Sunday, August 23, 2009

More on Clemency

The comments on my post about the humanitarian release of the Lockrbei bomber were gently against my view, with one maybe.

In the event that one of the posts here over the years hasn’t said it, I don’t like the death penalty. Put simply, we get things wrong and if we do in that arena, there aren’t any do-overs.

I’ve got some mixed views about prison sentences. I’ve read about punishment, retribution, rehabilitation, vengeance and other purposes for sending people away. I think, especially here in the South, we put people away on the “the hell with you" model. They did it, they deserve to rot.

And there are those that do deserve to rot. Then too, there’s a time that there’s a time show that we are better than they are. Be it the Libyan guy who’s going to die quite soon or some other guy, why not send them home to die with their family? Is it wrong to send them home? If you say yes, why? Would you deny them a visit from their family at the end of their life while sitting in prison? You are only honest if you say yes to both questions.

4 comments:

Jeni said...

Boy, you do know how to stir the pot at times, don't you?
You know my sentiments, for the most part are anti-death penalty. I can understand the point of view of those who lost family members -whether it be in the bombing of the plane, in this instance, or from someone whose life was ended unexpectedly by another's hands, I think initially, most everyone would have the thought of wanting to see the person responsible punished and do it to the 'nth degree too! Torture in any and all forms should be put forth on the perpetrator of said deed. But then, once the initial shock of the loss is gone, frequently then calmer heads prevail -or so we would hope anyway. Like you, I don't like the death penalty because if there is a shred of a possibility the person may be innocent, if they are executed there is no return at all from that.
But, then too, as Fermi said, a life sentence is also supposed to be just that. Do your time till the end of your time -however and whenever that comes about.
And yet, in the case of someone dying in a prison far from his/her homeland, family perhaps unable to visit, I suppose I could accept the humanitarian route of release and let the person die at home. I do however, in this instance, resent the fact of others from Libya cheering him as if he were a hero. Apparently, they see things a tad differently when it involves the killing of "infidels" or others from outside their country. Now, I wonder, if they would cheer if an American, tried, convicted, sentenced to life was dying in a prison there was released and his return to America was met with cheers and wild celebration, would they still be this happy or would they resent that move greatly and possibly try to retaliate too?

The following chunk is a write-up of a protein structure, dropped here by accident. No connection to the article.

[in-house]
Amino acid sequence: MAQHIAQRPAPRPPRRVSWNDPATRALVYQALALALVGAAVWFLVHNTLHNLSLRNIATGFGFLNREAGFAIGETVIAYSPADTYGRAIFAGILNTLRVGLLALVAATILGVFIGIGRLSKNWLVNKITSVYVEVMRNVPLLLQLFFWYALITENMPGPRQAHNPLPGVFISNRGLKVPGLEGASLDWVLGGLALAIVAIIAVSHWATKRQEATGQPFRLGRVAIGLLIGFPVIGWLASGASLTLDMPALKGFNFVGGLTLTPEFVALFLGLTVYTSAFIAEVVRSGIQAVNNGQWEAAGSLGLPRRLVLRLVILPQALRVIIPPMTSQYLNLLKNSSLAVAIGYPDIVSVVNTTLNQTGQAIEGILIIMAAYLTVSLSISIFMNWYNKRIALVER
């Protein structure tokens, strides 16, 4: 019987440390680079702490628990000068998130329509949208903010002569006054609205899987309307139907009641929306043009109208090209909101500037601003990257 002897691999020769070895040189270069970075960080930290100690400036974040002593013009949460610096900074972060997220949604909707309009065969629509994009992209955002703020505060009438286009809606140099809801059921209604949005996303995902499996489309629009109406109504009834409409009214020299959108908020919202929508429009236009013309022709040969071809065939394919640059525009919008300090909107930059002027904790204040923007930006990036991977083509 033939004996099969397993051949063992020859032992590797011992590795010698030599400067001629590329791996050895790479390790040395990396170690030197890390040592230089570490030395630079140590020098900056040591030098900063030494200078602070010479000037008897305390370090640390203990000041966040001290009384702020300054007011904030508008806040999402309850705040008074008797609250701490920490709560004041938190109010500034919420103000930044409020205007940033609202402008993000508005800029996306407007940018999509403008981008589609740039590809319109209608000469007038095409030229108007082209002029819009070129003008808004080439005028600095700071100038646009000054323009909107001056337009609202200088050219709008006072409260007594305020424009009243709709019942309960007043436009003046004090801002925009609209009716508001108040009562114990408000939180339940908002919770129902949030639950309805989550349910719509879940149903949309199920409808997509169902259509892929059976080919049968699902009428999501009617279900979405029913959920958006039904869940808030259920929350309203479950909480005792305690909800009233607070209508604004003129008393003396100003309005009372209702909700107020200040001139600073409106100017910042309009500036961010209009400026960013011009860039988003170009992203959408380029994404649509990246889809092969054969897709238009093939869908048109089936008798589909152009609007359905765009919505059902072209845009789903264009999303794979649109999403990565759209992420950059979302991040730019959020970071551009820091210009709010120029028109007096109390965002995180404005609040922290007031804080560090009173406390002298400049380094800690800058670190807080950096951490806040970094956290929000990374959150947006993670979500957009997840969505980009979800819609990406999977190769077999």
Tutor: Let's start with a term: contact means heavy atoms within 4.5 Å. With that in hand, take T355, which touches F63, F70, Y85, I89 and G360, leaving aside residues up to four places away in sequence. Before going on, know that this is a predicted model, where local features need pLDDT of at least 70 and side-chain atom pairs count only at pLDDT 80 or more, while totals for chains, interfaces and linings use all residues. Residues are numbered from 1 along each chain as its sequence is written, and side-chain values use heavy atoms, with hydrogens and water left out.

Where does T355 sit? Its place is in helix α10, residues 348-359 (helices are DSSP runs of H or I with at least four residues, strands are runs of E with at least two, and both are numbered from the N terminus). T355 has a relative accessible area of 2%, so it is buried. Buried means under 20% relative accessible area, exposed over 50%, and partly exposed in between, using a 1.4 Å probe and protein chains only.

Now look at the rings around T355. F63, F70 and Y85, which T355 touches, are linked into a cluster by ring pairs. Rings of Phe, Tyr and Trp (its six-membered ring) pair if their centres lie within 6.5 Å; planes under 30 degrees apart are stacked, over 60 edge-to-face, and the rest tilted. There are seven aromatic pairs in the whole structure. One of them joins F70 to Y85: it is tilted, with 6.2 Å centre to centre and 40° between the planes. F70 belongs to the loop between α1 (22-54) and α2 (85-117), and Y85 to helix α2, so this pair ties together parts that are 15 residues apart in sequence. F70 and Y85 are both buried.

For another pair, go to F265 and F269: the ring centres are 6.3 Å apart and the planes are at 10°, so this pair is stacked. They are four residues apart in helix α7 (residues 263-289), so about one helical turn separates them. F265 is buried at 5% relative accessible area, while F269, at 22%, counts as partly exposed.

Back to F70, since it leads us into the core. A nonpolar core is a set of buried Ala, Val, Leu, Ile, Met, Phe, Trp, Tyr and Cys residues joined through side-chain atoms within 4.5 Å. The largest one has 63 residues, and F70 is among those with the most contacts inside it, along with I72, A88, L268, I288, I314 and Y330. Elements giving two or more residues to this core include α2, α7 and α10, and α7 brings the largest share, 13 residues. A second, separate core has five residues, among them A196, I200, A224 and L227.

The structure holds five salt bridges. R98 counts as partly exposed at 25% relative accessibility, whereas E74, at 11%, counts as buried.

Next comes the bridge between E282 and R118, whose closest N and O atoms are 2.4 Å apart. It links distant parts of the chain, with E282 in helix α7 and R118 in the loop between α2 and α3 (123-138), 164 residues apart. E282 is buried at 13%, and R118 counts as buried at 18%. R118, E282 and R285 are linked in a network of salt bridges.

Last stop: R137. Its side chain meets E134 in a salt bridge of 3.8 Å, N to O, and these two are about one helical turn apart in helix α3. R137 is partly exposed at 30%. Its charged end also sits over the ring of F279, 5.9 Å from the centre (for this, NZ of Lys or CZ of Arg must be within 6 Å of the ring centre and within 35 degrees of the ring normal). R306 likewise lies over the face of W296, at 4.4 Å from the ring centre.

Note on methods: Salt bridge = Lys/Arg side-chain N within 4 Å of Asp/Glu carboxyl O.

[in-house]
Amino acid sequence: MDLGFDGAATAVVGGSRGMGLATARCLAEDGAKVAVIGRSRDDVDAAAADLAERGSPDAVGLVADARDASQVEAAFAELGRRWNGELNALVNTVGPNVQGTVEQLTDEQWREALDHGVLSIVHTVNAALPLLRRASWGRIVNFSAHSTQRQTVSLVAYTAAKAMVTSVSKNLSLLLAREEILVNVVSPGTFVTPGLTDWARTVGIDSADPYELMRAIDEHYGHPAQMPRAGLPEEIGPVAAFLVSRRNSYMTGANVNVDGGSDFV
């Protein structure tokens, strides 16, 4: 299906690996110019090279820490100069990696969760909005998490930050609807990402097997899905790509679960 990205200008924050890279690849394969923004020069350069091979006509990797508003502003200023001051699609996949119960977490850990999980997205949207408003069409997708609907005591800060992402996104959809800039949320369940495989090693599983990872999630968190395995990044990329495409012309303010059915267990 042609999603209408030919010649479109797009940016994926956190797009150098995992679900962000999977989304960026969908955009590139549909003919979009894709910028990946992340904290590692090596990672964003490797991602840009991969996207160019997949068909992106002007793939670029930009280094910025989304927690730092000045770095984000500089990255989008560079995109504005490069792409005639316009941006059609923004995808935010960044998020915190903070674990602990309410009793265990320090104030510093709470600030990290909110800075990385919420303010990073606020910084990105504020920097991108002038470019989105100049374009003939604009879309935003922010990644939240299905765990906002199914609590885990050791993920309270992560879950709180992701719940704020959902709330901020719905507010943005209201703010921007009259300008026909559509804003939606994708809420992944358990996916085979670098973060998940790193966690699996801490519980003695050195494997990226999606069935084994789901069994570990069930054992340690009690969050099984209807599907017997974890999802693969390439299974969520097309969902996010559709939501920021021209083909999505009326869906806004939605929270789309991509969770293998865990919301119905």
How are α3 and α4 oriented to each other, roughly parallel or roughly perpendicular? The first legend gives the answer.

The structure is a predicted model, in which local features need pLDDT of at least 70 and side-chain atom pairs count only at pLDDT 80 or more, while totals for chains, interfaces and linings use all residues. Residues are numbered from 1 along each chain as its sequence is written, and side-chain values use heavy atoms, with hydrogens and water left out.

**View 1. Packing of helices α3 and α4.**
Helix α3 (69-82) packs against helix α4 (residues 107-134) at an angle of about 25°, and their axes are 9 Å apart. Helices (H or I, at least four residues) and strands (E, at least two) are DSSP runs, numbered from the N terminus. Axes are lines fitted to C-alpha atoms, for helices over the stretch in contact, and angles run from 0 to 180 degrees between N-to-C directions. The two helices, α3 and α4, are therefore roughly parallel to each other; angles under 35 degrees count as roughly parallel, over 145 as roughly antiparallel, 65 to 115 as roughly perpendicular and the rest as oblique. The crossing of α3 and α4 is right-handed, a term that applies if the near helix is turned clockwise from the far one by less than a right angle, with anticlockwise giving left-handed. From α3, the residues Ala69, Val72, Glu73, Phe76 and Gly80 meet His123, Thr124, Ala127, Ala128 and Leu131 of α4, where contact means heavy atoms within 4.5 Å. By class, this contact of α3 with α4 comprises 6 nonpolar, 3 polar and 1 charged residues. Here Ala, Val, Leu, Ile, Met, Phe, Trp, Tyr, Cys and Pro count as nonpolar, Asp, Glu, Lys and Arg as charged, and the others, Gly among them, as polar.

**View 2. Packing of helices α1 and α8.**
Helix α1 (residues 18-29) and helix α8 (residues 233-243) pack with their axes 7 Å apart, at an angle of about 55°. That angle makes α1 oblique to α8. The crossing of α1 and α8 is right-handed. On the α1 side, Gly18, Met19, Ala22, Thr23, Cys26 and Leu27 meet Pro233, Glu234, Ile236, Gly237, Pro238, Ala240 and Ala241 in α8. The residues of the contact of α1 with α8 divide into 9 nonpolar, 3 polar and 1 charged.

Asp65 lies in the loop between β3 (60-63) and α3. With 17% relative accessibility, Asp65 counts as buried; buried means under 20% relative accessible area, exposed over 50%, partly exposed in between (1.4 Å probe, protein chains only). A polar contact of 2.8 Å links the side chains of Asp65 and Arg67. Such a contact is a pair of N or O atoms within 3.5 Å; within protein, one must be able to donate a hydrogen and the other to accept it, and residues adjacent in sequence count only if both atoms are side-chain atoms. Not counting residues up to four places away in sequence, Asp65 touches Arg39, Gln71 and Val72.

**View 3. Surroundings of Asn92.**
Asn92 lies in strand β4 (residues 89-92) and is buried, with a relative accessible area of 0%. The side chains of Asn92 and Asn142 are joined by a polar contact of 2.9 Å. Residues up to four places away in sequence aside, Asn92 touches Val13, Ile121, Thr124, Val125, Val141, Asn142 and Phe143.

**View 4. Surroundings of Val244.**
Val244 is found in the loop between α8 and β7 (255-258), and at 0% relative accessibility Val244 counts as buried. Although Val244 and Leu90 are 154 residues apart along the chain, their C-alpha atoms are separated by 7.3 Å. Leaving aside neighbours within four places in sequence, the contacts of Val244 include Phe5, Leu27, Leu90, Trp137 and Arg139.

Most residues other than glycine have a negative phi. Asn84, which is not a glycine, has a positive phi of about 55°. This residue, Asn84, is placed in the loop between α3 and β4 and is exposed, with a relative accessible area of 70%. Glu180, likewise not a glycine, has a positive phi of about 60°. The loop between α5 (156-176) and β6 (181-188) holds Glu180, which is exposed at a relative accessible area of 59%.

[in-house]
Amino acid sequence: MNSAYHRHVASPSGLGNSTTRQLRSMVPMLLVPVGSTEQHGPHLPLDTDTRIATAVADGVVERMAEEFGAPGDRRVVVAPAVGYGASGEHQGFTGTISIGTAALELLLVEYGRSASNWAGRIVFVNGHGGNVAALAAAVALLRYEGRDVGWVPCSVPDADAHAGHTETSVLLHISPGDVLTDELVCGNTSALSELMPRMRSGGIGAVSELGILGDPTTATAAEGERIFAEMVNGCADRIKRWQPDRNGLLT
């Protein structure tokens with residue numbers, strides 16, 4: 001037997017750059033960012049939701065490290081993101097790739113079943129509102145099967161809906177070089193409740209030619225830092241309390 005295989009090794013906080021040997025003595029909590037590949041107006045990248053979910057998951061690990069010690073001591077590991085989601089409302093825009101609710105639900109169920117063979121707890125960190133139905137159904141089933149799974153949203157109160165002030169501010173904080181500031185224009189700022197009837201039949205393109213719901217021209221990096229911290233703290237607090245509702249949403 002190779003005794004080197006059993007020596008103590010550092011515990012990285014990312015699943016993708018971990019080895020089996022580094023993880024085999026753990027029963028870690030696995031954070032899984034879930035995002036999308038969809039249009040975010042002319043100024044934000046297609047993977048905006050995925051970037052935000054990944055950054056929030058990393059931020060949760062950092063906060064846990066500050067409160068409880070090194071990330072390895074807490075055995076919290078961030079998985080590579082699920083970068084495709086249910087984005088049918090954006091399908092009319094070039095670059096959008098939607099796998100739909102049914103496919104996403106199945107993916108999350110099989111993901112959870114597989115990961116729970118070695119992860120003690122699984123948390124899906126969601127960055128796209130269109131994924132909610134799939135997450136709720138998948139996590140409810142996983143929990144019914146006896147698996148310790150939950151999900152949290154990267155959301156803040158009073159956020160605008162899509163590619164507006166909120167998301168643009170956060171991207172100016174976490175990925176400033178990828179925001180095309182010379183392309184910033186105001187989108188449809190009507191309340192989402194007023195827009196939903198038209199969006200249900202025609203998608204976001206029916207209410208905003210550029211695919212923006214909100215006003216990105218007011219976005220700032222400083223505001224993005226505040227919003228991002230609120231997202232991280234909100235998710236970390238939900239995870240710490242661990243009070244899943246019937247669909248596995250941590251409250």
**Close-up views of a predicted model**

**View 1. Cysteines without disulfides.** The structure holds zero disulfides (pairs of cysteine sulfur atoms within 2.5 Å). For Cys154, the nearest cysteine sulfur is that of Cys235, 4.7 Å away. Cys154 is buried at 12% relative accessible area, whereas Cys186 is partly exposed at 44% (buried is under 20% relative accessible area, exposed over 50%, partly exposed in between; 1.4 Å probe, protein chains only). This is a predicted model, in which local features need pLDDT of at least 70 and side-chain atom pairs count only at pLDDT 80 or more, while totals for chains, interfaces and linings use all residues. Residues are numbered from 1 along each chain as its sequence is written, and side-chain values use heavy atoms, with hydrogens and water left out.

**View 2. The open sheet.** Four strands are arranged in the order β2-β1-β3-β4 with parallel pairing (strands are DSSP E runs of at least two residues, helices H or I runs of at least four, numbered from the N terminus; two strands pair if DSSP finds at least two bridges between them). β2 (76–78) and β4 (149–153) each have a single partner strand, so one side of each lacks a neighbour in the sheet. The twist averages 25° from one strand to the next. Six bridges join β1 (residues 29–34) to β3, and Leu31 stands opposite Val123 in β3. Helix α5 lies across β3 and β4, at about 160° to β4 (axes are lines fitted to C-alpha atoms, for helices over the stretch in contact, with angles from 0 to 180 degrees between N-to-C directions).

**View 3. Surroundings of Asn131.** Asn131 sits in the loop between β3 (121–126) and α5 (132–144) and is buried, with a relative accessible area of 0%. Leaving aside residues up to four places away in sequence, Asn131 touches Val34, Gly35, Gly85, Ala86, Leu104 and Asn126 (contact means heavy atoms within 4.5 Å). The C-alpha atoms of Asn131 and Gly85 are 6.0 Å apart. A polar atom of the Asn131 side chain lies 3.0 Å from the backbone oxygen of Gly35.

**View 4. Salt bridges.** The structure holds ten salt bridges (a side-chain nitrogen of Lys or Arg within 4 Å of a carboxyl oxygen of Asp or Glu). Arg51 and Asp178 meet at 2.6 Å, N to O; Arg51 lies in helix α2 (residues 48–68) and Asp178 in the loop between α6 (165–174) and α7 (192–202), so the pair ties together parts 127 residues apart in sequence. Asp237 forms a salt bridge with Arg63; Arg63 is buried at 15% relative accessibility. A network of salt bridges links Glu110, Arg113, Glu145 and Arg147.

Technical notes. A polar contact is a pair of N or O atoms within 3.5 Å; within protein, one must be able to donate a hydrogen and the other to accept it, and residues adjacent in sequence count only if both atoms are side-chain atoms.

I may not like his being released under the conditions that exist in this instance, but at least he is not being set free to live and do a deed like that again, supposedly anyway, since he is facing a death sentence through the illness now anyway.
Very provocative topic, for sure, Dave. Makes one's mind bend and twist more than a little bit, doesn't it?

Dr Jenn said...

I believe in the death penalty. I believe in tit for tat and an eye for an eye. Hammurabi has it right.

Posol'stvo the Medved said...

The death penalty has it's place... Those who are unrepentant and proud of their heinous crimes, likely to do it again, and absolutely positively beyond a shadow of a doubt guilty.

Oh, and they have to be guilty of something pretty awful. Deliberate and repeated taking of life, crimes involving the taking of the innocence of children, these are the only two things I can think of that fall into the "pretty awful" category for me.

These people are not likely to be rehabilitated, to be reintegrated with society. Ergo, life imprisonment isn't a punishment that fits the crime.

You have to admit though, I'd say that there are precious few who fit the description given here by me. I have heard that everyone on death row was framed or set up. Everyone will fight for their lives, unless they are truly and wholly screwed up.

The Curmudgeon said...

It was wrong to send the Libyan fellow home to die for a number of reasons.

The first of these is that he didn't give his victims the opportunity to go home first to take their leave of their families before he blew them out of the sky. Many of the victims of that flight were college kids doing their semester in Europe and coming home for the holidays.

But -- you say -- we can be bigger than him, and show compassion.

OK -- but it was naive at best to fail to anticipate the hero's welcome he'd receive at home. Tony Blair has been among those identified as having helped grease the skids for this release to improve trade relations. I hope these rumors prove false.... but there is the corrupting power of oil, you know.

If compassion was the true goal, allowing a farewell visit in prison from his family... without TV cameras or fanfare... would have been sufficient.